attempted to run PostXING in debug mode, and although the debugger seemed to be
working (VS2005 switched to debug view, the postxing.vshost.exe child process was right there)
absolutely nothing happened for minutes. When I eventually hit Shift+F5 I was
faced with another 30-odd-second stall, after which I was duly presented with
this astoundingly useless dialog:
"Mom! The VS2005 debugger is being a
If I didn't want to stop the debugger, I
wouldn't have hit Shift+F5. This is a class case of the "I know what you want
but I'll ask you anyway" syndrome which is becoming increasingly evident in
Microsoft's newer products (such as Windows Vista).
But that's not the issue. I can't
get the damn debugger to work. It stopped suddenly and wouldn't debug
any project at all - it just hangs during or immediately after loading
symbol files. And I can't find anything about it on the 'net, either. Oddly
enough, attaching to external processes seems to work
How closely coupled the various components in Windows are. Take Internet
Explorer, for instance; this wretched thing has been around since the days of
Windows 98, and is now so entrenched in the bowels of the operating system it's
impossible to get rid of. In fact, if you tried to remove it from your machine
you'll find that it's not even a relevant option:
That might explain why I reacted with very little surprise when I encountered
the following dialog box when starting windows explorer (read: double-click on
I didn't start the debugger, in case you were wondering. As much
as I appreciate people who actually bother attempting production-debugging on
other people's programs, I don't have the time and patience for this - I have
actual work to do (particularly when at work). So I selected No. And
the dialog came up again. And again. And again. To top it off, my CPU was
bottomed out; Process Explorer seemed to think MDM was the culprit:
So now Internet Explorer and most programs that rely on it crash
immediately on startup (oddly enough, RSSOwl,
which relies on SWT, which relied on
Internet Explorer, works without a hitch). I immediately suspected some sort of
adware/malware/crapware, but Spybot wouldn't find anything. Now what am I
supposed to do? I hardly think Internet Explorer (which I hardly ever use
anyway) is worth a complete system reinstall.
Warning: Emotional outburst follows
So here I am, working on the latest and greatest version of Microsoft's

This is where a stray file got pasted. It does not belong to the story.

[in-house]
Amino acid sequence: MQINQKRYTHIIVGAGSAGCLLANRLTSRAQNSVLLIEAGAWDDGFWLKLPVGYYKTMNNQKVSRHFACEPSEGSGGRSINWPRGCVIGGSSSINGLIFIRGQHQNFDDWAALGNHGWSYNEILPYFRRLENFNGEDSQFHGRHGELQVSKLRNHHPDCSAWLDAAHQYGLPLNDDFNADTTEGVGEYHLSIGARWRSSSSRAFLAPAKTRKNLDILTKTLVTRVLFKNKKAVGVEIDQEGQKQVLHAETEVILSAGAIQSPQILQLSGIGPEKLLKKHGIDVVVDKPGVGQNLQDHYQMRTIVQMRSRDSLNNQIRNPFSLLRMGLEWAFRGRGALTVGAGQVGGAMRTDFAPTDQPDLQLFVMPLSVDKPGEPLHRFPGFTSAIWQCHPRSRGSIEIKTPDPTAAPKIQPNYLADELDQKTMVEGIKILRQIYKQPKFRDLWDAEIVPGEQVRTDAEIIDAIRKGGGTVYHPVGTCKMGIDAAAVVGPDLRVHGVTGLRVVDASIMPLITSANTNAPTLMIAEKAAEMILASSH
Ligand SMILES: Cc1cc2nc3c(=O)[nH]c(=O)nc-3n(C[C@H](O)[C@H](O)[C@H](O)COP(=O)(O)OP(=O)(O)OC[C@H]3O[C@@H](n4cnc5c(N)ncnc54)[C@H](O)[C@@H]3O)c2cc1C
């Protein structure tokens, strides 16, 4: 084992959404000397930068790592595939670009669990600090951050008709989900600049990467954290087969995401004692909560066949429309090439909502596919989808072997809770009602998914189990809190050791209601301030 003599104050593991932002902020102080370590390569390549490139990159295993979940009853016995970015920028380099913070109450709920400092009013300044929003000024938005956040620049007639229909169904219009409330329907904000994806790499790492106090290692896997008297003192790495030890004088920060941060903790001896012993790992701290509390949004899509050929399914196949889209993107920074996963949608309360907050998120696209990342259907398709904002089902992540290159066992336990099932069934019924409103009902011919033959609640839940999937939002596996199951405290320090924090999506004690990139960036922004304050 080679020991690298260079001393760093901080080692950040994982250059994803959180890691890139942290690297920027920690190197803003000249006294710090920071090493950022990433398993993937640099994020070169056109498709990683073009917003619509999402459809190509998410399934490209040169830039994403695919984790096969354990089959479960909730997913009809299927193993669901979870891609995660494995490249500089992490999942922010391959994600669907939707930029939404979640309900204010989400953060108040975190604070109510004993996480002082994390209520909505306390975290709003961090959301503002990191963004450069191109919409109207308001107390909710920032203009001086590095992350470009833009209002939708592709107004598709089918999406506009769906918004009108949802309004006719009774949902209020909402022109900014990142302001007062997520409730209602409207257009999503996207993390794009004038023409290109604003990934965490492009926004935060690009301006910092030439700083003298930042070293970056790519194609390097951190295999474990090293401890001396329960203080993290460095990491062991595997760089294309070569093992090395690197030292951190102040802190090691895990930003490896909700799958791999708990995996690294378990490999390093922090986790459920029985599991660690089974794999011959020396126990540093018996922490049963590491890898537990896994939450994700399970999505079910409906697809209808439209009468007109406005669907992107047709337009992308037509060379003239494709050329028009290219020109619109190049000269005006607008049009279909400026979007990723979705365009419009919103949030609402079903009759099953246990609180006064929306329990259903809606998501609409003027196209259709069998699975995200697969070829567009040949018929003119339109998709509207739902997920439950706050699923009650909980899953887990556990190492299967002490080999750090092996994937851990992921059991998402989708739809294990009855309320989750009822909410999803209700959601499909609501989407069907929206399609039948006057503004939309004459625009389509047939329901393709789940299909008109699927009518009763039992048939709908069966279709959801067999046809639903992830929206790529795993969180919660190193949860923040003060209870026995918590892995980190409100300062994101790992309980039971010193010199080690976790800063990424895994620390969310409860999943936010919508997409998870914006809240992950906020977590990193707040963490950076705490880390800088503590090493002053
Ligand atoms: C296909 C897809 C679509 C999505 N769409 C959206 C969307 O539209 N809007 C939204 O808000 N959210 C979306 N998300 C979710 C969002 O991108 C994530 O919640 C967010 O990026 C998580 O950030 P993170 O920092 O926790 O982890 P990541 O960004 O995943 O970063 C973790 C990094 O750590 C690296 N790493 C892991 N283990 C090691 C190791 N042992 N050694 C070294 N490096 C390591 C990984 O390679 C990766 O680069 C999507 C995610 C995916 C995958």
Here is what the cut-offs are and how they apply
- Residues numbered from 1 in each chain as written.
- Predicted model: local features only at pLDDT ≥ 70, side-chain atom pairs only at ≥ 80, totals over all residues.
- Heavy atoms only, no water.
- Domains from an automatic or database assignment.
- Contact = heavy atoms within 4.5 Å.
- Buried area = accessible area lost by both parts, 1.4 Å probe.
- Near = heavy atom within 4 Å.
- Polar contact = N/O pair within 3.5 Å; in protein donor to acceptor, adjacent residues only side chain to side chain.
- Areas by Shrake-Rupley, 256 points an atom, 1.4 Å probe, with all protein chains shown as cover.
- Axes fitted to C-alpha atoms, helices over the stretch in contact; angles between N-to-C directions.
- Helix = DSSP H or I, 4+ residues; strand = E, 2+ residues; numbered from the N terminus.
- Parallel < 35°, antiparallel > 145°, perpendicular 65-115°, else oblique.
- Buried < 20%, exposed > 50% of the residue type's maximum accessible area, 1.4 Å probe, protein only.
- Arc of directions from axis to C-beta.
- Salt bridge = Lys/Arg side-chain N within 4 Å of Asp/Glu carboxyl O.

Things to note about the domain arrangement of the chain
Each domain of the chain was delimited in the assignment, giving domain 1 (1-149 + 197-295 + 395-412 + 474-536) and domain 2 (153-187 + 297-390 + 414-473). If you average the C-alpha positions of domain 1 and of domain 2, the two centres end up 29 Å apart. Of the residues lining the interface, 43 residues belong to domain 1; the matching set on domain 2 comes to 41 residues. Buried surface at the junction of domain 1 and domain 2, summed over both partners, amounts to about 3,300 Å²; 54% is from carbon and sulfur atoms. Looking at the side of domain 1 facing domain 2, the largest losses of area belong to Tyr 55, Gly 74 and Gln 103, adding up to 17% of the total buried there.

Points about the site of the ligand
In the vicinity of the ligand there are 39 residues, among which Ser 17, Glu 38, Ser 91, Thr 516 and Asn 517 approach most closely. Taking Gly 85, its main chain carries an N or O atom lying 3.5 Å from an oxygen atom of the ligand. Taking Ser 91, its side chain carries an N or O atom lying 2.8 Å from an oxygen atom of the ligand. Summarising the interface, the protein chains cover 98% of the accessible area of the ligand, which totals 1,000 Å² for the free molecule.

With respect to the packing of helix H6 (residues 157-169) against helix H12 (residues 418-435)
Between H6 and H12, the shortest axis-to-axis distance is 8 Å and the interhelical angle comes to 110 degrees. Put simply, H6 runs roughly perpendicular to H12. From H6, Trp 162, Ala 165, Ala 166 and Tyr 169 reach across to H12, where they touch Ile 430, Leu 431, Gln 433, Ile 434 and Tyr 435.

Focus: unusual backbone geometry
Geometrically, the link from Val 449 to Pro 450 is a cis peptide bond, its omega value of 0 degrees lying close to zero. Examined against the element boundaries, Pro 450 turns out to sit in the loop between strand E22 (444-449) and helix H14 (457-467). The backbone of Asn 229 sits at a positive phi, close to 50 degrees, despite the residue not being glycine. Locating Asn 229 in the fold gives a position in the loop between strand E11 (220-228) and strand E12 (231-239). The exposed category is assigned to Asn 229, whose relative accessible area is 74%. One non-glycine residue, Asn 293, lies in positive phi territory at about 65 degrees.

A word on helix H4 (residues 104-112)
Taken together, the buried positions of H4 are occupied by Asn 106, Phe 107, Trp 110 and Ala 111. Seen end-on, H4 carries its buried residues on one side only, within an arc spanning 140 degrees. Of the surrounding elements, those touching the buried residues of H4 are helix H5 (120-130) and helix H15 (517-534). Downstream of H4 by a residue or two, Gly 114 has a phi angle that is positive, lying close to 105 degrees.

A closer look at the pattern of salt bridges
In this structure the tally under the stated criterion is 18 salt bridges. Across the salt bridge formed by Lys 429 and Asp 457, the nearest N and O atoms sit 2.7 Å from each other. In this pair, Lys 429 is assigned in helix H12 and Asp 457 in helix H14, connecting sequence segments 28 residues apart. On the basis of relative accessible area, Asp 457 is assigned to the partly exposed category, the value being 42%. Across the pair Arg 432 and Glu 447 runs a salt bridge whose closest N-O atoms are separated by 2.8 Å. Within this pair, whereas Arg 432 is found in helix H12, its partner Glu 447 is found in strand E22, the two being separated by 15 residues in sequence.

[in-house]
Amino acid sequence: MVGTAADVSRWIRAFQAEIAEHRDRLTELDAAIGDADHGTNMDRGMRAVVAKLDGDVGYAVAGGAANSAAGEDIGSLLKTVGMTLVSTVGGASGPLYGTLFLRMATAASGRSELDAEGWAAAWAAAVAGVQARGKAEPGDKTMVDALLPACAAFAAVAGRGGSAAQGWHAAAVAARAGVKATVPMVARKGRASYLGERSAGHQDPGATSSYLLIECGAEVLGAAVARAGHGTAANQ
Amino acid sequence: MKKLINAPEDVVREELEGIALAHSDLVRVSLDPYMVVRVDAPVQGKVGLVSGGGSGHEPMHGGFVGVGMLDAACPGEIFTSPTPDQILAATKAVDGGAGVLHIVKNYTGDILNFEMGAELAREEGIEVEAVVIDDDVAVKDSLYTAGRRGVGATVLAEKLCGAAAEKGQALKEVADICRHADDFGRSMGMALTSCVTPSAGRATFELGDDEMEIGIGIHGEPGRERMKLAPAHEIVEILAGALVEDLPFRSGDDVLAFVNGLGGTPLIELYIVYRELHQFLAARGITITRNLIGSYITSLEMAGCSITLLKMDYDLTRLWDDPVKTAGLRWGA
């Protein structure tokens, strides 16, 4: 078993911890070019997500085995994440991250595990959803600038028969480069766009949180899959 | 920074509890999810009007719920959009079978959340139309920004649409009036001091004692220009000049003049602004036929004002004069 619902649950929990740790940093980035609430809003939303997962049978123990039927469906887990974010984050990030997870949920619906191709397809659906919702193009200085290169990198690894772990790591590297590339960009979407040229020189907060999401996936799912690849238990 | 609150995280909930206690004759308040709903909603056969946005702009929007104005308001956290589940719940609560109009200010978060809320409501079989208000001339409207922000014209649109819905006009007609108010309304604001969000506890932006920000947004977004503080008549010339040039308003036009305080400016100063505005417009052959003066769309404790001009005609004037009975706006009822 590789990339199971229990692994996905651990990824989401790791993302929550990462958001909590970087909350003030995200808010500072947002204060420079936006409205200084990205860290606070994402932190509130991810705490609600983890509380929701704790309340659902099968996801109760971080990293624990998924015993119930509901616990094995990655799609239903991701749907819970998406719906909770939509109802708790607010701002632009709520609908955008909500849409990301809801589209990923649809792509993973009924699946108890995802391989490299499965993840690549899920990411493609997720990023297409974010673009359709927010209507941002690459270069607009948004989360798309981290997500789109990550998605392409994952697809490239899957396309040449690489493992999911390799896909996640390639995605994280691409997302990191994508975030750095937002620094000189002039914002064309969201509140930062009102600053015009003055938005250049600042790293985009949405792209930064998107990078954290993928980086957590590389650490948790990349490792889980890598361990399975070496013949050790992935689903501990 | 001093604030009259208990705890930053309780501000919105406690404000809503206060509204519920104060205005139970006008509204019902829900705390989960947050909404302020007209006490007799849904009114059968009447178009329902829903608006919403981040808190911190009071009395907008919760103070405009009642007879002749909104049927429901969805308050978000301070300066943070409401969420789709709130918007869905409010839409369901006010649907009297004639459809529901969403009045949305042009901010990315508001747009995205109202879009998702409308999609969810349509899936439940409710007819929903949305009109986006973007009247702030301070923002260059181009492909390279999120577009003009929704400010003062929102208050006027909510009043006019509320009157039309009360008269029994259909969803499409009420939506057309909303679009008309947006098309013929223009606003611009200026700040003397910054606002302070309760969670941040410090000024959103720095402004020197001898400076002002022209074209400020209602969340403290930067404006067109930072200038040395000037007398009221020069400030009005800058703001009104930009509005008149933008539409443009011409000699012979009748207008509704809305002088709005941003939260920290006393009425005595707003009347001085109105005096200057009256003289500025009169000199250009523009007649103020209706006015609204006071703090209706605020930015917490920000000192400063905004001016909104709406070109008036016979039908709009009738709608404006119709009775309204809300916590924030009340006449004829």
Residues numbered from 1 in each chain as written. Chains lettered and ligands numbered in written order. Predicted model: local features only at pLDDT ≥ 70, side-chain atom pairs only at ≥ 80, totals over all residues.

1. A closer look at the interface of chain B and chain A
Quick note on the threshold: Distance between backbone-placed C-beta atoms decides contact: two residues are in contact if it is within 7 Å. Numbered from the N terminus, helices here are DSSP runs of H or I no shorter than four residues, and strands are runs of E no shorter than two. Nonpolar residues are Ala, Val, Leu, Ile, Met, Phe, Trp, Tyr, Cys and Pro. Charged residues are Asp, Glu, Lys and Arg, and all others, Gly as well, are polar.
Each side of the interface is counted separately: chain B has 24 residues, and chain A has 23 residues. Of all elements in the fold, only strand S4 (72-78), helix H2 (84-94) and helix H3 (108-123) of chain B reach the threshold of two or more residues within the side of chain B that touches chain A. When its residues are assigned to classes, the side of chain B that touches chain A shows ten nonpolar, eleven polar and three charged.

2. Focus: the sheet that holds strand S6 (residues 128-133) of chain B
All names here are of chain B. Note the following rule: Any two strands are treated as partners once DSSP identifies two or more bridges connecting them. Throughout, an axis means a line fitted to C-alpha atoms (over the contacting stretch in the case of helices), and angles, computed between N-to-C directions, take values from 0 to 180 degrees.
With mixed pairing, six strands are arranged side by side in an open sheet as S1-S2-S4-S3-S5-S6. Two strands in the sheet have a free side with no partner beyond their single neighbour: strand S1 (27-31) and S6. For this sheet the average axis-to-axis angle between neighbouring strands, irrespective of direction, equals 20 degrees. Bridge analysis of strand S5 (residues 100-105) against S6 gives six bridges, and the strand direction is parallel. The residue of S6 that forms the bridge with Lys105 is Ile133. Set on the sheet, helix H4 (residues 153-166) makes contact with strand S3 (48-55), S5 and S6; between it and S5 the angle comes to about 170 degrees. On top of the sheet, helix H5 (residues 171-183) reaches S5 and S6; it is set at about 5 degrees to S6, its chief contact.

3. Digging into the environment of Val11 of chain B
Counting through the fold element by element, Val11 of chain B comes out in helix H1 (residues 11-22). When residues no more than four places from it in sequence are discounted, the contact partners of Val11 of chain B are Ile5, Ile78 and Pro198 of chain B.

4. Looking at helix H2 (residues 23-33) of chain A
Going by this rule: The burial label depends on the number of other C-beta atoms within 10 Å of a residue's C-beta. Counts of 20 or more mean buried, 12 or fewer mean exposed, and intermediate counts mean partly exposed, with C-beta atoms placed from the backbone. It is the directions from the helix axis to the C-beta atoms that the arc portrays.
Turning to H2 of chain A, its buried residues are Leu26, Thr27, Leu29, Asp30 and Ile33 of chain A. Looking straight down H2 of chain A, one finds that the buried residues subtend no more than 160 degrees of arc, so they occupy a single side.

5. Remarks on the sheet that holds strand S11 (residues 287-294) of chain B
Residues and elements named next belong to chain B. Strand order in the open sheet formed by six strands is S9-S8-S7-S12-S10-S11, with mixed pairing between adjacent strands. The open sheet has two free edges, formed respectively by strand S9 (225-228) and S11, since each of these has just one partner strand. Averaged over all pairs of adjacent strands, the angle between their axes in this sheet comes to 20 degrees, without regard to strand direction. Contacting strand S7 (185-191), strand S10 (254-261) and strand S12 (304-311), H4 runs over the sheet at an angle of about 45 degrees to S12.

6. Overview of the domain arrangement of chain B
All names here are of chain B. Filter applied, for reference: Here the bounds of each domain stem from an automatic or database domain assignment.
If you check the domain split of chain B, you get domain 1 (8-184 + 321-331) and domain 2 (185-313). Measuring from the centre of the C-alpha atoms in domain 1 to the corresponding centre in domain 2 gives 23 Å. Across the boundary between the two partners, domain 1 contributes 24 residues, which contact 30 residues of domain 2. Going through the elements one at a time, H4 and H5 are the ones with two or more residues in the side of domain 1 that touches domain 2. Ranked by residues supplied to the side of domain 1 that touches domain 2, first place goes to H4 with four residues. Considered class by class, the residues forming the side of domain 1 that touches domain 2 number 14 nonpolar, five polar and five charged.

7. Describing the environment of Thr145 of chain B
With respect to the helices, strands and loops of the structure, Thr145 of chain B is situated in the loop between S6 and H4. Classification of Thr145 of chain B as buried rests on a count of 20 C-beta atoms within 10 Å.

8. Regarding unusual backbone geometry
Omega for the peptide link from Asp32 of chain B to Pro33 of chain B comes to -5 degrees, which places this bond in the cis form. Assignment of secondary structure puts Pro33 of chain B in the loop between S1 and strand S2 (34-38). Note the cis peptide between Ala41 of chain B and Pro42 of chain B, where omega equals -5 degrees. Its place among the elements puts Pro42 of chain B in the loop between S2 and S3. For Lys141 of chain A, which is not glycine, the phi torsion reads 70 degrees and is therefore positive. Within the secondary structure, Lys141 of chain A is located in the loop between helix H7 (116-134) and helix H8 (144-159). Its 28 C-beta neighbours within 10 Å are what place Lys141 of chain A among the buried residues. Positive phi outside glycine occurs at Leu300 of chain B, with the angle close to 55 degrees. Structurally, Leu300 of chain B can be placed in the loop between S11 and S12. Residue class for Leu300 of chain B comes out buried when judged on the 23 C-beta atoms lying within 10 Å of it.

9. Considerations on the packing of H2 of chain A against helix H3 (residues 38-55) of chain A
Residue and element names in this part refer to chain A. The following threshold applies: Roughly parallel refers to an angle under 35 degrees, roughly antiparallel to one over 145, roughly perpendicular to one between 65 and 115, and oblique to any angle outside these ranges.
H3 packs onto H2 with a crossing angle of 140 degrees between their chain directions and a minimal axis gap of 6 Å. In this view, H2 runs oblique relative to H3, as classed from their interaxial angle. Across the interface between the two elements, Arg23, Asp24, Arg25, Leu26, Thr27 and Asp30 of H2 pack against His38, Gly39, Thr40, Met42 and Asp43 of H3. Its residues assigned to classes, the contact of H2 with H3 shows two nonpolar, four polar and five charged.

flagship messaging and collaboration application (read: the antiquated Outlook
2003 and its bug-riddled back-end). I've switched back to
Outlook after over a year of using the generally excellent Thunderbird. It's
driving me insane.
For starters, despite the fact that Microsoft has had years to
perfect the multilingual - bidirectional text, in particular - support
in its applications, Outlook still suffers from what - in a new product - would
be considered amusing issues that a hotfix will come out for in a couple of
days. Over three years after its release Outlook still manages to completely
mangle plain-text e-mails. Take a normal, Engilsh plain-text e-mail and try to
reply to it. At times (I still haven't been able to find a pattern), although
the e-mail is displayed just fine, replying to it causes the bidi heuristic
engine built into Outlook to decide that this is a right-to-left e-mail, and the
reply is prepared accordingly (quoted lines included). This wouldn't be such an
issue if there was any way at all to change the reading order
without completely mangling the text (Ctrl+A, Ctrl+Left Shift):
Original e-mail (left), Outlook's reply (center)
and after changing the reading order (right)
I showed this to Ilya (a friend and colleague with much experience
in bidi-related issues). His best idea was to write a macro to do the low-level
conversion for me. That's not really a solution; where bidi support in
Thunderbird is merely missing, in Outlook it's outright
broken. Thunderbird allows me to insert arbitrary HTML if I want to; in
Outlook there's simply no way at all to work around this problem.
To add insult to injury, I started using IMAP when working against
one of my mail servers. I was frustrated for a few days becaue the messages
marked as deleted were never actually removed from the server; aside from the